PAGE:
Mindbreeze’s Norman includes proper data connectivity and research into solutions that use the most diverse AI techniques in his recipe for AI success.

“First identify a use case by asking which specific problems in your company need to be solved and why,” he recommends. “Next, define your success criteria, such as business needs, data quality, and defining key performance indicators. To ensure the most reliability, it is essential to test the solution with real company data and the actual people who will be using the solution. The users will be your best bet at getting feedback on the reliability because nobody knows the day-to-day processes better than them.”

Traba believes it’s essential to ensure a closed-loop feedback process is in place between AI-provided real-time guidance and the corresponding action-oriented systems.

“Connected intelligence, where real-time recommendations can trace back to actions and outcomes, affords AI a richer dataset to be trained on, thus increasing its reliability,” he notes. “With this feedback loop, and through increased exposure, AI will become more accurate at detecting and analyzing customer sentiment and intents, ultimately becoming more inclusive and effective.”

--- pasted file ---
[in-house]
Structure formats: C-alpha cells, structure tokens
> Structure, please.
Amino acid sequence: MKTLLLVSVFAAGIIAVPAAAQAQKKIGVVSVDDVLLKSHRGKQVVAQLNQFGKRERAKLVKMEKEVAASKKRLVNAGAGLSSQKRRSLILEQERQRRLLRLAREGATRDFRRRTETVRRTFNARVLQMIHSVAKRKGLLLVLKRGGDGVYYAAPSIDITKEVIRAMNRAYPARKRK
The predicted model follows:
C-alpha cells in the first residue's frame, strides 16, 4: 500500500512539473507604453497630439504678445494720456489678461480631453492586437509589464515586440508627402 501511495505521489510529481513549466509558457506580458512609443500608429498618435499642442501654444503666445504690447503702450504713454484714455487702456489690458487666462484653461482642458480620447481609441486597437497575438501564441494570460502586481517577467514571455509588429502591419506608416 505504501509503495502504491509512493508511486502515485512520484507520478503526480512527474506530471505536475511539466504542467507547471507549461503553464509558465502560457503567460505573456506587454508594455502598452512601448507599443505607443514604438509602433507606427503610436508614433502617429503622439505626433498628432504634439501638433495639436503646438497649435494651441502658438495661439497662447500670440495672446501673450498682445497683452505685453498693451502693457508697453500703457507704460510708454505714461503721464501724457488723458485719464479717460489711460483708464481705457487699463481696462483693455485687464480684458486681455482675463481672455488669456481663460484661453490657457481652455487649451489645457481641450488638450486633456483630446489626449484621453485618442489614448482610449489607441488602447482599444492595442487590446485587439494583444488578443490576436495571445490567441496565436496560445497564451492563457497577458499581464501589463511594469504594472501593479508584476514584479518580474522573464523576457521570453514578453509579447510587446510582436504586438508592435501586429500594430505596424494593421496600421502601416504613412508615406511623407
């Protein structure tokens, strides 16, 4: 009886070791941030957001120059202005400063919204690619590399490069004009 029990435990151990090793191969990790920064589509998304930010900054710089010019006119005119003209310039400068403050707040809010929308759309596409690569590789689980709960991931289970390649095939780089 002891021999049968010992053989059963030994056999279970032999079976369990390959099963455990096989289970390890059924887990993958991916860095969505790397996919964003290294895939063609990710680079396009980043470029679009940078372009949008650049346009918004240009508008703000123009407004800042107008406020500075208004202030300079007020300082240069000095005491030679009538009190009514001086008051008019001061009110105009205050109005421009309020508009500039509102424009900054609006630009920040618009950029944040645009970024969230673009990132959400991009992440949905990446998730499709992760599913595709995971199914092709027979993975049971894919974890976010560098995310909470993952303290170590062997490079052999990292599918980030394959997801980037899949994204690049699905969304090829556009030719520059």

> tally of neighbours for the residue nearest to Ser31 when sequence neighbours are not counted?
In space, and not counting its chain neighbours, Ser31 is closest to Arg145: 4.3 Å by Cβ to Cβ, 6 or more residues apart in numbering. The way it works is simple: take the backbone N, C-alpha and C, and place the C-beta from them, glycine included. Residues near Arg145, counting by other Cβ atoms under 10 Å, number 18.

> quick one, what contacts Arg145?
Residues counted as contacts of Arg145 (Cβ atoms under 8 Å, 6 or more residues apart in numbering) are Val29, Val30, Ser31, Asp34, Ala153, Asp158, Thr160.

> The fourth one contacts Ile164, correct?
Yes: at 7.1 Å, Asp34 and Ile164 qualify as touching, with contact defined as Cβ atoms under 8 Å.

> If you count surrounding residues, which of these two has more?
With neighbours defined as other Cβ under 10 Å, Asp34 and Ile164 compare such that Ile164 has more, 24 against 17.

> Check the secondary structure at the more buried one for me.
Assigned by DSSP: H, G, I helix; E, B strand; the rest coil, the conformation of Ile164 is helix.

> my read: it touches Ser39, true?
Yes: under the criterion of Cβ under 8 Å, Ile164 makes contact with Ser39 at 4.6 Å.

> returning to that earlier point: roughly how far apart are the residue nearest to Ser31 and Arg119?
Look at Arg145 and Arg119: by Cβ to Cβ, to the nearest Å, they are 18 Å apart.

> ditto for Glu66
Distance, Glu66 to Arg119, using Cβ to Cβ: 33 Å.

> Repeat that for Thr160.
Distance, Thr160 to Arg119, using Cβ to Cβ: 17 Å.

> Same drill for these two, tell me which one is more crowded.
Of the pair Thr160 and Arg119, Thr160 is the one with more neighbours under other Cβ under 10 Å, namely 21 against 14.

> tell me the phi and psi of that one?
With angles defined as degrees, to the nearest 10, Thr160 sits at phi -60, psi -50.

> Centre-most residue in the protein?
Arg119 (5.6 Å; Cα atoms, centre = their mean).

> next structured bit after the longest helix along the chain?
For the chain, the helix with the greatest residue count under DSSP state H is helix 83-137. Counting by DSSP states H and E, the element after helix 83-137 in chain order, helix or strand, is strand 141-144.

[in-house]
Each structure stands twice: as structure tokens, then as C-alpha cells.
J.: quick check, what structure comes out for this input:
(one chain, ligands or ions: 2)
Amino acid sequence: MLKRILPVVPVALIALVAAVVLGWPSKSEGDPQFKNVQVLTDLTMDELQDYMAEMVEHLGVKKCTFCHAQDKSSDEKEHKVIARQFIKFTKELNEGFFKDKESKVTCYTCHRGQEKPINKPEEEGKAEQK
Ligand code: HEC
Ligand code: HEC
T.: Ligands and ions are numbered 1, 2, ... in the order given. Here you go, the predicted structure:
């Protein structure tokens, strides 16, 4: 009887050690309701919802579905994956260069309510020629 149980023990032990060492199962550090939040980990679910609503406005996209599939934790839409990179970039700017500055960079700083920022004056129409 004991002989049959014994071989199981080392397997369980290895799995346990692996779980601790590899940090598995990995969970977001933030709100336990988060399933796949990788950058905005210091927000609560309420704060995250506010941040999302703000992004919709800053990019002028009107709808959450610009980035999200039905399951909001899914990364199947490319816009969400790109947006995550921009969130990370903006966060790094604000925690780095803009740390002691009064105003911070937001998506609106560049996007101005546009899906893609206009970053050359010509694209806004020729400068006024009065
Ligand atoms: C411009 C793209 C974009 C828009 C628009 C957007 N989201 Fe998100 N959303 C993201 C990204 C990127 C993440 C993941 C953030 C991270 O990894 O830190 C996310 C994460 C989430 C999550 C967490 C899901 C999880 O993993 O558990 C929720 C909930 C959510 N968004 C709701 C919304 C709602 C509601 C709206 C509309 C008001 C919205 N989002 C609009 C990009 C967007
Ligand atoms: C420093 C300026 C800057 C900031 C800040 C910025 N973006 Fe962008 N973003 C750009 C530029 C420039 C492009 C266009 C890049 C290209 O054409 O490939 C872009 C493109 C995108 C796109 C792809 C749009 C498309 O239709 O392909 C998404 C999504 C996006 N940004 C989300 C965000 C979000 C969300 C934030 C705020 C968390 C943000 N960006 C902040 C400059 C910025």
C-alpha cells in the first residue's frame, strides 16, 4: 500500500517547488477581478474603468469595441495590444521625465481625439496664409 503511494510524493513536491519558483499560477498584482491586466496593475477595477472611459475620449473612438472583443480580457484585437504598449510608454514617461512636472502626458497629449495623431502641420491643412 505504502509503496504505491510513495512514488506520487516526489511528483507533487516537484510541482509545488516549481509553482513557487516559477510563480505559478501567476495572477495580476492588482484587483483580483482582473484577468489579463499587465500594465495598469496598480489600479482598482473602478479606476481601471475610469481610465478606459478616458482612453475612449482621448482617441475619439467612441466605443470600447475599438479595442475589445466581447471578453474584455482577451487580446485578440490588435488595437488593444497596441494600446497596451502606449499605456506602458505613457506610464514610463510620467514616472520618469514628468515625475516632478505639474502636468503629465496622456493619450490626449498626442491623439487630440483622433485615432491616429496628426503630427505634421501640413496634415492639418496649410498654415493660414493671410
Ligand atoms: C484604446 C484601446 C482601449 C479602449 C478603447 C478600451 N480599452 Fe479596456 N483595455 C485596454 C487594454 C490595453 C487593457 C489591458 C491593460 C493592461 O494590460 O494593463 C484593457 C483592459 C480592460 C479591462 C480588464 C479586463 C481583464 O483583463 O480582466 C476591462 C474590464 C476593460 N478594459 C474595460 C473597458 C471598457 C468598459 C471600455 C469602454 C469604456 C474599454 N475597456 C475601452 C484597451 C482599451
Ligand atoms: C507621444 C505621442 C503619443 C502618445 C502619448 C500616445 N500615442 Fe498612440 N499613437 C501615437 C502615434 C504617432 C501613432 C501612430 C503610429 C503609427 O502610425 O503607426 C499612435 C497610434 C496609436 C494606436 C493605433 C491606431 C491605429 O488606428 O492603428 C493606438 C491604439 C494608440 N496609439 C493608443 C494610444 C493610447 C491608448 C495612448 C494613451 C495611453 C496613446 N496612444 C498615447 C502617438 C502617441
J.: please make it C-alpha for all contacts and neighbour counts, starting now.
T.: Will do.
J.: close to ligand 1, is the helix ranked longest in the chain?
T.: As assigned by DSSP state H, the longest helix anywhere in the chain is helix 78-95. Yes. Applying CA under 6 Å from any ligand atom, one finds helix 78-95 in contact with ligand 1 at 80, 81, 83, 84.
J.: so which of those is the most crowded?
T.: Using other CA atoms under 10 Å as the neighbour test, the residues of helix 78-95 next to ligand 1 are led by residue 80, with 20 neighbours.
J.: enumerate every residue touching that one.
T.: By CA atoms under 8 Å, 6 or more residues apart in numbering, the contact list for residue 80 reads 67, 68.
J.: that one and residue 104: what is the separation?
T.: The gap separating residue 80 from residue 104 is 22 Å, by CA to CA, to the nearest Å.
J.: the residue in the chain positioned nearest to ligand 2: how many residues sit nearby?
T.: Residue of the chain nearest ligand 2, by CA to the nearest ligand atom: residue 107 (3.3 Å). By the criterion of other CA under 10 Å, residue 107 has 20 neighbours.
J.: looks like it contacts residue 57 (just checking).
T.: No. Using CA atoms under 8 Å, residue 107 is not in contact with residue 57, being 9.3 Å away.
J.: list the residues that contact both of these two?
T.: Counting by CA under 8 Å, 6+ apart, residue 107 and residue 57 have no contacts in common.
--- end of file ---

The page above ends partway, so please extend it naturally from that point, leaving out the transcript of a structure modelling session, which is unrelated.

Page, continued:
AI might not yet be capable of completely autonomously operating a contact center. But its current ability to augment human agent efforts and assist them in delivering quality service and information speaks to the promise and potential of technology to completely transform customer assistance.

“Artificial intelligence has already had an incredible impact, helping humans provide more informed service, be more productive, and experience less stress,” Ramamoorthy says. “This makes me very bullish on how AI can augment contact center agents in the years to come.” 

Erik J. Martin is a Chicago area-based freelance writer and public relations expert whose articles have been featured in AARP The MagazineReader’s DigestThe Costco Connection, and other publications. He often writes on topics related to real estate, business, technology, healthcare, insurance, and entertainment. He also publishes several blogs, including martinspiration.com and cineversegroup.com.

CRM Covers
for qualified subscribers
Subscribe Now Current Issue Past Issues

Related Articles

Interaction Analytics Helps Improve Coaching/Training

Data-driven guidance provides a better agent and customer experience.

As Contact Centers Become More Complex, Testing Grows in Importance

Tools to optimize customer service operations have grown in scale and depth of functionality.

The Top Customer Service Trends for 2022: New Service Channels and Challenges

Investing in digital, social, and virtual will remain a post-COVID priority.

Tools Can Now Uncover Real-Time Customer Behavior

Companies can respond in real time when they know what customers will do in real time.

Can AI Really Be Trusted?

How reliable are the marketing recommendations made by artificial intelligence?

Buyer's Guide Companies Mentioned